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2022 November 17

Holter monitor results

I got back the results from wearing the Holter monitor for 14 days today, and they were not what I expected.  I was expecting to see frequent PVCs, particularly when I was resting or sleeping. Instead the report had almost no PVCs but frequent PACs (premature atrial contractions) with runs of supraventricular tachycardia (runs of more than 3 PACs without normal beats in between).  “Isolated SVEs [supraventricular ectopy] were frequent (10.3%, 114645).” “2161 Supraventricular Tachycardia runs occurred, the run with the fastest interval lasting 6 beats with a max rate of 176 bpm, the longest lasting 26.7 secs with an avg rate of 133 bpm.”

Asymptomatic PACs (like asymptomatic PVCs) do not generally call for any treatment, but “many idiopathic PACs are relatively benign in the short term, although they can be associated with an increased risk of cardiac and all-cause mortality if they occur frequently.” [] Most of the medical treatments seem to be focussed on lowering heart rate or blood pressure, neither of which seem appropriate for me (I have normal blood pressure and a low heart rate). The followup recommended for frequent PACs is an echo cardiogram, which I have now scheduled for mid-January (the soonest date that the clinic had available).

My sinus heart rate was about what I expected with “a min HR of 36 bpm, max HR of 160 bpm, and avg HR of 55 bpm”, though the 36 bpm minimum was a little lower than the 40bpm I expected—my sinus rate drops a little lower when I sleep than I expected. The recording of the 36bpm period does not look like my normal sinus rhythm—it looks like a series of ectopic beats with really tiny QRS complexes to me, but it did occur when I was asleep (in the middle of a period of very low heart rate). On another day, there was a recording of 37 bpm which showed normal QRS complexes, so my sinus rate does indeed drop that low.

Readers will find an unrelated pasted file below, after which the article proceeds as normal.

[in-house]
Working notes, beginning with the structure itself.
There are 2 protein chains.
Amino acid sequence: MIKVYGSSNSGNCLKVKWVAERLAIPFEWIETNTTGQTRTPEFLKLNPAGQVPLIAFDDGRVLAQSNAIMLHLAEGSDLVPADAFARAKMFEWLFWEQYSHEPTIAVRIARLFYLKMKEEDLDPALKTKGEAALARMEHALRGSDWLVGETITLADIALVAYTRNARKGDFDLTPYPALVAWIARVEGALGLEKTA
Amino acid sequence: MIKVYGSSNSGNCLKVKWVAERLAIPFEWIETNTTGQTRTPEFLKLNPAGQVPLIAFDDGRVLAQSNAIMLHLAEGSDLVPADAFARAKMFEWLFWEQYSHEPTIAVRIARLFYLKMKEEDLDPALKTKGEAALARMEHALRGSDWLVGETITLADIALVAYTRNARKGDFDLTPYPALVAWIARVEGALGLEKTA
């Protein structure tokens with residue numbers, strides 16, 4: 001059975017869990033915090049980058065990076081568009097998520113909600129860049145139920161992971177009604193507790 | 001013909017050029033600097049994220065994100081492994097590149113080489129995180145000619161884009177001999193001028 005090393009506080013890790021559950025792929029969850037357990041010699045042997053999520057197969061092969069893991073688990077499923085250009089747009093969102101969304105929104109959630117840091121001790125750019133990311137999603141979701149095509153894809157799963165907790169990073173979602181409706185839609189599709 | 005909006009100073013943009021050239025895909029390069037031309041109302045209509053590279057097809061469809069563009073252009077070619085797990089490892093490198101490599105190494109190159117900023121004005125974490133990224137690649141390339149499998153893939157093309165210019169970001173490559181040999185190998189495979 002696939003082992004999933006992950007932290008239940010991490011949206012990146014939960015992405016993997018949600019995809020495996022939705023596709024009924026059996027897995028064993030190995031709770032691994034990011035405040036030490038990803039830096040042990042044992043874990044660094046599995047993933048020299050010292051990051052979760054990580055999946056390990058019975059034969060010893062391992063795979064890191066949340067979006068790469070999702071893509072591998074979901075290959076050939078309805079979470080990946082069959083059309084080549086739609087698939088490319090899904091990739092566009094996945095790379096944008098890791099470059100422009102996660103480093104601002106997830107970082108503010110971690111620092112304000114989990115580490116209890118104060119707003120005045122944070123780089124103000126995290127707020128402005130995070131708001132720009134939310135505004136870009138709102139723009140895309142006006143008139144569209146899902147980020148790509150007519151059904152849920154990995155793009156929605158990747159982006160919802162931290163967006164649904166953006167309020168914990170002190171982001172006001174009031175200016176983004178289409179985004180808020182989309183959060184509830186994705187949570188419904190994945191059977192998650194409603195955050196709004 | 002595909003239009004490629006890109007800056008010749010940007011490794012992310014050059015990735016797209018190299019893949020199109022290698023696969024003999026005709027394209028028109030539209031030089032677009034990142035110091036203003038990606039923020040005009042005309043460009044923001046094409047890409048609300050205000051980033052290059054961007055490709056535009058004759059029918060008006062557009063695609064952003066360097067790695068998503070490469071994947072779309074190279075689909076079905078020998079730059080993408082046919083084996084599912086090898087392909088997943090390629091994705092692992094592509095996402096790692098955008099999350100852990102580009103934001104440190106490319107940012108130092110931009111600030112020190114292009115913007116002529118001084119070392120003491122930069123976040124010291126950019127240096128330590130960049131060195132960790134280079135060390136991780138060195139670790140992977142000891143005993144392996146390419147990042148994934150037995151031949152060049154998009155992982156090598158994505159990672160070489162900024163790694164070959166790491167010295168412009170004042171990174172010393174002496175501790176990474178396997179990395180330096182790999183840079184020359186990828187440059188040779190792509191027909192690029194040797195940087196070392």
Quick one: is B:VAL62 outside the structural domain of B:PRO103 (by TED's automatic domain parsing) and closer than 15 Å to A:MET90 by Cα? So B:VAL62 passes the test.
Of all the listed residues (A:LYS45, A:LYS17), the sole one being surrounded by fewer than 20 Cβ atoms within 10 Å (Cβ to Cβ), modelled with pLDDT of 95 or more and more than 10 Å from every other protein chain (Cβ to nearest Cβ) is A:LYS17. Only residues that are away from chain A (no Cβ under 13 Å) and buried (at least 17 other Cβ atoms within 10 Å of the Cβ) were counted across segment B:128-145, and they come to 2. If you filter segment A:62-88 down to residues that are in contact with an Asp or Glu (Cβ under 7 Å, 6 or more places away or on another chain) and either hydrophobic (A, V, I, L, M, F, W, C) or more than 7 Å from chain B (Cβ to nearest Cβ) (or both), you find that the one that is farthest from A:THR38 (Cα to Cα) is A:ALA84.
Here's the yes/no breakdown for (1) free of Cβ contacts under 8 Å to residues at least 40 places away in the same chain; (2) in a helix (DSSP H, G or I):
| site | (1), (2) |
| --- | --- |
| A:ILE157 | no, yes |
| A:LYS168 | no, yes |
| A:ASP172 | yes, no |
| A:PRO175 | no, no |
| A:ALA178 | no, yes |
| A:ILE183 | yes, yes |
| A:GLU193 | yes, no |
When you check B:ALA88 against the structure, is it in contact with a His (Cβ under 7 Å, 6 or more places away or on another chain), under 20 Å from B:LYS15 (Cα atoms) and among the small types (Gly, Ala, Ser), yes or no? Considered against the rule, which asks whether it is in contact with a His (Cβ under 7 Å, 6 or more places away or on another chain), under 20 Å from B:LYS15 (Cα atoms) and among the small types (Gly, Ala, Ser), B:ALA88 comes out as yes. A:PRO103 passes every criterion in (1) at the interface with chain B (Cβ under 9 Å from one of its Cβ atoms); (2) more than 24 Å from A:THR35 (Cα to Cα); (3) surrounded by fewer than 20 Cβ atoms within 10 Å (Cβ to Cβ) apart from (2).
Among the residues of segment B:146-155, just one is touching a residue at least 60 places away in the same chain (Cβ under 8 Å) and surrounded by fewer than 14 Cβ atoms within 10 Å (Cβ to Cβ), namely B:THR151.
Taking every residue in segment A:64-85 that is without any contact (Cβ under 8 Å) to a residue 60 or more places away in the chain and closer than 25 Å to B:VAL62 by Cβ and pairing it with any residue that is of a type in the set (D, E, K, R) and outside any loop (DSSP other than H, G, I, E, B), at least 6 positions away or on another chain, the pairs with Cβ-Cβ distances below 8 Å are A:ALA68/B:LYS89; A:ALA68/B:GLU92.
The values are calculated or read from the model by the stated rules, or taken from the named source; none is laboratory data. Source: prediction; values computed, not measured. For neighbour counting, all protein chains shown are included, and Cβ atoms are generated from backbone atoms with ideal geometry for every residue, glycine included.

The max of 160 bpm occurred when I was exercising fairly hard—pushing myself a bit on bicycling uphill to campus.  It is probably not my real maximum heart rate (I was not doing an all-out effort).  I looked up estimates of maximum heart rate and found three formulas: (220 – age), (207 – 0.7 age), and (211 – 0.64 age).  The first is very common, but clearly wrong for me, the second is adjusted for people over 40 years old and pretty accurately matches the observed maximum on the Holter monitor, and the third is adjusted for active people and may slightly overestimate my max heart rate.  If I ever need to take a stress ECG or stress echocardiogram, I’ll argue for them using the second formula rather than the first in estimating my max heart rate, so that the stress level is appropriately set.

One thing I wanted to know that is not reported in the short summary report from the Holter monitor is whether there was any correlation between the sinus rhythm and the ectopic beats—in particular, I wanted to know whether the ectopic beats occurred primarily when my sinus rhythm was very low.  If that is the case, then a pacemaker set to maintain a minimum sinus rhythm might be a possible treatment, should treatment ever be needed.  I downloaded the full report, which shows when the SVT runs occurred, and they seem to be primarily when I’m awake and active, which is the opposite of what I expected based on my observations of PVCs earlier in the year.